As you’ll see, I’m a fantasy and sci-fi nerd and I like to read series so that I don’t have to learn a whole new universe each time I start a new book:

  • Blackcollar: The Judas Solution by Timothy Zahn
  • Blackcollar: The Backlash Mission by Timothy Zahn
  • Blackcollar by Timothy Zahn
  • The Slow Regard of Silent Things by Patrick Rothfuss
  • The Wise Man’s Fear by Patrick Rothfuss

As for non-fiction, I have been reading these two books:

  • Deep Work by Cal Newport
  • Clean Architecture by Robert C. Martin

Both of these books have influenced the way I think about my work, so I can recommend them very much.

Since my commute to work and back takes about 1.5 to 2 hours every work day, I have been a very active audio book listener this year. These are the books I listened to. No surprise, a lot of sci-fi and fantasy:

  • Warbreaker by Brandon Sanderson
  • QualityLand by Marc-Uwe Kling
  • Skyward by Brandon Sanderson
  • The Singularity Trap by Dennis E. Taylor
  • Edgedancer by Brandon Sanderson
  • Oathbringer by Brandon Sanderson
  • Words of Radiance by Brandon Sanderson
  • The Way of Kings by Brandon Sanderson
  • It by Stephen King
  • Enceladus by Brandon Q. Morris
  • Artemis by Andy Weir
  • Tuf Voyaging by George R. R. Martin
  • Omni by Andreas Brandhorst
  • Giants' Star by James P. Hogan
  • The Gentle Giants of Ganymede by James P. Hogan
  • Inherit the Stars by James P. Hogan

Wow, I wasn’t aware of how much time I seem to spend driving. I’ll try to squeeze in more home office days in 2019.

Video Games

And here’s the list of video games I have played in 2018. I haven’t played as much as in the years before (mostly due to the other activities listed above), but I have managed to get some shallow video gaming into my schedule:

  • Darkest Dungeon
  • The Banner Saga 3
  • XCOM 2: War of the Chosen
  • Fortnite (until I realized it swallowed too much of my time)
  • Steamworld Dig 1 & 2 (together with my son)
  • Into the Breach
  • Faster than Light

No real blockbuster game this year (except perhaps for Fortnite), as I was afraid of spending too much time in the games.

I will choose my games very carefully in 2019, so as not to let them eat up my time too much.


In conclusion, 2018 was a fun year for me, especially with the many speaking opportunities.

However, I definitely felt the drain on my time by all the different activities so that some activities, like nursing my blog, did not get the attention I wanted them to have.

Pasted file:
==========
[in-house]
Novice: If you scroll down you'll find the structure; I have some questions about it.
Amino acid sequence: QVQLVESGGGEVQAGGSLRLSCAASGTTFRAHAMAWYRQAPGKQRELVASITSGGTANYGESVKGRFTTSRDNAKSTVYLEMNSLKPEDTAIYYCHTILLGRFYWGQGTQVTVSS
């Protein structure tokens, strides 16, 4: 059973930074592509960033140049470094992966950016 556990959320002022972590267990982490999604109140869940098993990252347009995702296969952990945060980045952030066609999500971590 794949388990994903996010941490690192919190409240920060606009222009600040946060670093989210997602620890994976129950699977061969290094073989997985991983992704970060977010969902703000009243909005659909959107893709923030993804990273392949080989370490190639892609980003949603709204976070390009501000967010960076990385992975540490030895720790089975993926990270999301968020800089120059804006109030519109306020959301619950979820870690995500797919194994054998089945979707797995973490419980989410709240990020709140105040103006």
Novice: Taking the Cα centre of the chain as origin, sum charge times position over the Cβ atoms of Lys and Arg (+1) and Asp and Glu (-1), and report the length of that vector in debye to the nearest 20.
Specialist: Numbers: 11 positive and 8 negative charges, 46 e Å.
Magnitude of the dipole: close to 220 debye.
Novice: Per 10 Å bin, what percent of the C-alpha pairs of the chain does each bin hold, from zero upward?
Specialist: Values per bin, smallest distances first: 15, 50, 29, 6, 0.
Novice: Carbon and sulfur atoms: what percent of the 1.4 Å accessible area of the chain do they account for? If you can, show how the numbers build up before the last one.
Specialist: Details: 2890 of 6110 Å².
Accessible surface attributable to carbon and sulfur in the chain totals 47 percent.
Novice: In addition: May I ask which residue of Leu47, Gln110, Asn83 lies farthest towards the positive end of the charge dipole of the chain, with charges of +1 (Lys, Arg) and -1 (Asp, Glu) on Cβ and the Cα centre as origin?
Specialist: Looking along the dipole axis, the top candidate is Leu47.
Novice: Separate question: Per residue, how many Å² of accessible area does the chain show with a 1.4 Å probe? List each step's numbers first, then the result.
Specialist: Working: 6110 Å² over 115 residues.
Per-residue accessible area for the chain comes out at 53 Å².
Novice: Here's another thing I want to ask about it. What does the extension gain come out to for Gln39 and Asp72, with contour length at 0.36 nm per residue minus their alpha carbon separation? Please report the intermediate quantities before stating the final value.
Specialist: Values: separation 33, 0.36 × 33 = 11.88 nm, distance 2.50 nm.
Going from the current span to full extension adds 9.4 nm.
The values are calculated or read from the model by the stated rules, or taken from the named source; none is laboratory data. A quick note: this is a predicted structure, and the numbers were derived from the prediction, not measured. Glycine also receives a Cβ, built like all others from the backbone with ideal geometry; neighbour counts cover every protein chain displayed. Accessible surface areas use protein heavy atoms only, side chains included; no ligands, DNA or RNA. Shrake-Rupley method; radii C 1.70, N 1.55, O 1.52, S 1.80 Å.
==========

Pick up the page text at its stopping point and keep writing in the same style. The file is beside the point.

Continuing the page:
So, my new year’s resolutions are as follows:

  • I will measure how much time I spend with each activity and how productive I am in each activity to be able to prioritize consciously. It’s actually very much like setting up a monitoring infrastructure for a software product. Since I’m a great advocate of monitoring I wonder why I haven’t applied this concept to my professional life earlier… .
  • I will reduce my blogging to high-quality and in-depth Spring Boot tutorials for the time being.
  • I will finish my eBook “Getting Your Hands Dirty on Clean Architecture” within the first half of 2019.
  • I will schedule my time aggressively and schedule as many home office days as possible to gain more time on “deep work”.

That’s it for 2018. I wish a happy year to all of my readers and hope that you will meet your goals for 2019.

Written By:

Tom Hombergs

Written By:

Tom Hombergs

As a professional software engineer, consultant, architect, general problem solver, I've been practicing the software craft for more than fifteen years and I'm still learning something new every day. I love sharing the things I learned, so you (and future me) can get a head start. That's why I founded

Recent Posts

Creating and Publishing an NPM Package with Automated Versioning and Deployment

In this step-by-step guide, we’ll create, publish, and manage an NPM package using TypeScript for better code readability and scalability. We’ll write test cases with Jest and automate our NPM package versioning and publishing process using Changesets and GitHub Actions.

Read more

Offloading File Transfers with Amazon S3 Presigned URLs in Spring Boot

When building web applications that involve file uploads or downloads, a common approach is to have the files pass through an application server.

Read more

One Stop Guide to Java Functional Interfaces

Introduction to Functional Programming Functional programming is a paradigm that focuses on the use of functions to create clear and concise code.

Read more